When I was in my mid-twenties I briefly dated a very successful, very unattractive guy I’ll call Movie Maker. I was at Void with friends, and as soon as he was introduced to me I felt woozy because I was such a fan of his oeuvre. It didn’t bother me that he was one of the uglier guys I had seen in my life. On the contrary—I decided that his low hotness was a great counterpoint to his high Q rating. It didn’t matter how successful and sought-after he was. If he was that weird-looking, he would never leave me.
So I hit on him. I must have done something right because a few hours later we found ourselves horizontal on his futon. He put on an OCMT (obsessively compiled mix tape), and we rolled around for a while before falling asleep. The next morning when I got home he left a sweet message, and I called back, over the moon. We went out two more times, and he revealed himself to be an incredibly narcissistic, gloomy guy who was totally preoccupied with his career. He finally dumped me because he didn’t have the emotional space for a relationship. A few weeks later, I ran into a girlfriend at a party. “Someone told me you’re dating Movie Maker,” she said.
I shook my head no. “I was,” I said, “but he turned out to be a self-involved jerk and broke up with me.”
“I dated him, too,” she said. “And he dumped me, too. He’s dated every artsy, cute Jewish girl in the city. We all make the same mistake. We go for him because of his name but think he’s some diamond in the rough because he’s ugly. Except it turns out he’s getting laid left and right because every girl’s thinking the same thing. He’s a bigger player than a good-looking guy.”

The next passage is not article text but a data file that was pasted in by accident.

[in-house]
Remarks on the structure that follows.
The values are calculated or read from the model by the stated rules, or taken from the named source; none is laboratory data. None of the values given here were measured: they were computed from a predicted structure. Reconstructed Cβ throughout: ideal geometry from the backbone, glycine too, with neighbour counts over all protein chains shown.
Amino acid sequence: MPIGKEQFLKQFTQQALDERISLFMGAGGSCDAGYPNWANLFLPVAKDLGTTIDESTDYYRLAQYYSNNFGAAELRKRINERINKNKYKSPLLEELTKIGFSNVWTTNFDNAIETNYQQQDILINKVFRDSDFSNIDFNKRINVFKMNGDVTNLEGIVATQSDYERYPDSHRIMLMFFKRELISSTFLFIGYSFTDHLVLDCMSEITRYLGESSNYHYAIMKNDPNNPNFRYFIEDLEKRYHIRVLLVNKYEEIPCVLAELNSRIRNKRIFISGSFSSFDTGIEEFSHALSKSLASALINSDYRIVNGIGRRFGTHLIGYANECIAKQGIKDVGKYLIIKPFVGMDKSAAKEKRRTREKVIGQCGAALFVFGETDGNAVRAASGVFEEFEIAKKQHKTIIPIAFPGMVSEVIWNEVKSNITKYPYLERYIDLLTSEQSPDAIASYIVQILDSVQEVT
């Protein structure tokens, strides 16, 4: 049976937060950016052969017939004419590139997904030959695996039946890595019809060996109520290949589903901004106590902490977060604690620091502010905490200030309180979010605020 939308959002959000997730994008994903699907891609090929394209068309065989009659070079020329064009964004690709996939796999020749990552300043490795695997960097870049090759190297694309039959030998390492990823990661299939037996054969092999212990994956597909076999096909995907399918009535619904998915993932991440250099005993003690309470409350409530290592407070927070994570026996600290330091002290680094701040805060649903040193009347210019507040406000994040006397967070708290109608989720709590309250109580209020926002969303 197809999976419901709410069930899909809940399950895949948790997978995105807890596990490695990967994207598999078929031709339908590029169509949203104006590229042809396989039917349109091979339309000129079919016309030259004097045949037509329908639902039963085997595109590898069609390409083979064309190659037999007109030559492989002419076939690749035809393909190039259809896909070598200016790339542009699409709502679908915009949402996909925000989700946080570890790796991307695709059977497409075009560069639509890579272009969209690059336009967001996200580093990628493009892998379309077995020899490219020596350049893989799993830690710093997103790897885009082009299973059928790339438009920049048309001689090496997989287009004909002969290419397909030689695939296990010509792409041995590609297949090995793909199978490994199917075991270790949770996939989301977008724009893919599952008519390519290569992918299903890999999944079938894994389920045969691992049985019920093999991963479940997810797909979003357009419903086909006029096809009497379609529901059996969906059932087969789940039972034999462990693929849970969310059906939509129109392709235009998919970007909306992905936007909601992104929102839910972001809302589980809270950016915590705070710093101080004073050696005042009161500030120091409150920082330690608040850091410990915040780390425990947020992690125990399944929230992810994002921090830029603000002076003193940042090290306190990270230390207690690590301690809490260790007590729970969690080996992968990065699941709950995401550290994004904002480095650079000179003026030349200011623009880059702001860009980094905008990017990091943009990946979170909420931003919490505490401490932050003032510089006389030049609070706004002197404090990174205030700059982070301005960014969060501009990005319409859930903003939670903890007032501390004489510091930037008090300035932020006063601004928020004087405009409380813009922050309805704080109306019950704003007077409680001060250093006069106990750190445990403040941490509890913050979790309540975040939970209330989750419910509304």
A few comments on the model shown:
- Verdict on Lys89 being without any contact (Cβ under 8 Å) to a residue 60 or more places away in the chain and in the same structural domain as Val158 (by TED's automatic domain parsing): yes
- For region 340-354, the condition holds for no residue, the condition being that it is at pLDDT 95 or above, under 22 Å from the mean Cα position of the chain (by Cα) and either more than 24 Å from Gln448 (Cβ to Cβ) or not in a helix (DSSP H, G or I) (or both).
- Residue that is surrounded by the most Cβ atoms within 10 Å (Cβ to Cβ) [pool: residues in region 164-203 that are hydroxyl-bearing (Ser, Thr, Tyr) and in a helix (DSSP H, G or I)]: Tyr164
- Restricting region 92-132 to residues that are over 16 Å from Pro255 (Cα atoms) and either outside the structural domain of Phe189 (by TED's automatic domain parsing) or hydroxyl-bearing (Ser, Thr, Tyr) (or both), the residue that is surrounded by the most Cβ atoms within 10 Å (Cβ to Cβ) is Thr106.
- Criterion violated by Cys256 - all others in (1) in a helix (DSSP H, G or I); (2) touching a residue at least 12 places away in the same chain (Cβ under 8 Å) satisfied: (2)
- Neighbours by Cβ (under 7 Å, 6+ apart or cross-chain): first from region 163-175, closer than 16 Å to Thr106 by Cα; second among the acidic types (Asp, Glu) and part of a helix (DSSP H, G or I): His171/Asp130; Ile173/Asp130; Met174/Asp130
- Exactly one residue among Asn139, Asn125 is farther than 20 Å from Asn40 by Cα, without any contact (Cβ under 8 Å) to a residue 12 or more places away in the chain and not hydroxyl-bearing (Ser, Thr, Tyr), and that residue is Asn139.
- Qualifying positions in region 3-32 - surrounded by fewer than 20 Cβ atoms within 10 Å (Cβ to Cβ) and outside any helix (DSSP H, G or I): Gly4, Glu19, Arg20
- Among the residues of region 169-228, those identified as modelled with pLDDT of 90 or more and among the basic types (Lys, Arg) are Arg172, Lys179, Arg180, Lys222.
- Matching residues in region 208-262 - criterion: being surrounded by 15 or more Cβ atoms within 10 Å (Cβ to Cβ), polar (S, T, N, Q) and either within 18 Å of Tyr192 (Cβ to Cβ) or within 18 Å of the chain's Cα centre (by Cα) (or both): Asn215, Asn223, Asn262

“You’ve hit on it!” I squealed, and we jumped up and down a few times, feeling like twin Jessica Fletchers.
I haven’t seen Movie Maker in five years, but recently I caught up with my girlfriend again. She’d moved to L.A., bought a house, and found a husband. “Why do we go for ugly guys?” I asked.
“When you date an ugly guy who’s smart and interesting,” she said, “you think you’re getting a good deal. You’re getting him on sale. You think an ugly guy will be more grateful and treat you better.”
But of course that’s not true. Cheaters come in all shapes and sizes, and some good-looking guys are so loyal that they’re faithful.
Some women fall for ugly guys in spite of themselves—they meet them, have a bland reaction, then come to know and love them. I’ve fallen for ugly guys for a much more obvious reason: They’re grateful, which makes for better sex. I once dated a guy so heavy he practically killed me every time he got on top, but he told me I was beautiful and he could never keep his hands off me, which I loved. My friend Stella, 31, a writer, can relate. “A guy who’s not as attractive as you is more likely to tell you that you are, especially in a place like New York, where so many women are skinnier, curvier, taller, and have clearer skin. I like to hear that. And a lot of guys I’ve dated never say it.”
Of course, in this city, a woman’s choice to date ugly may be more survivalist than anything else. In cities like L.A., every guy looks like a model, but most straight guys in New York just aren’t that gorgeous. So we don’t trust the handsome ones. “When I see a really attractive guy,” says Stella, “I assume he’s gay or a player and I don’t even bother talking to him. If something about him screams sexy, that’s never a good sign. Those are the ones you should run away from.”
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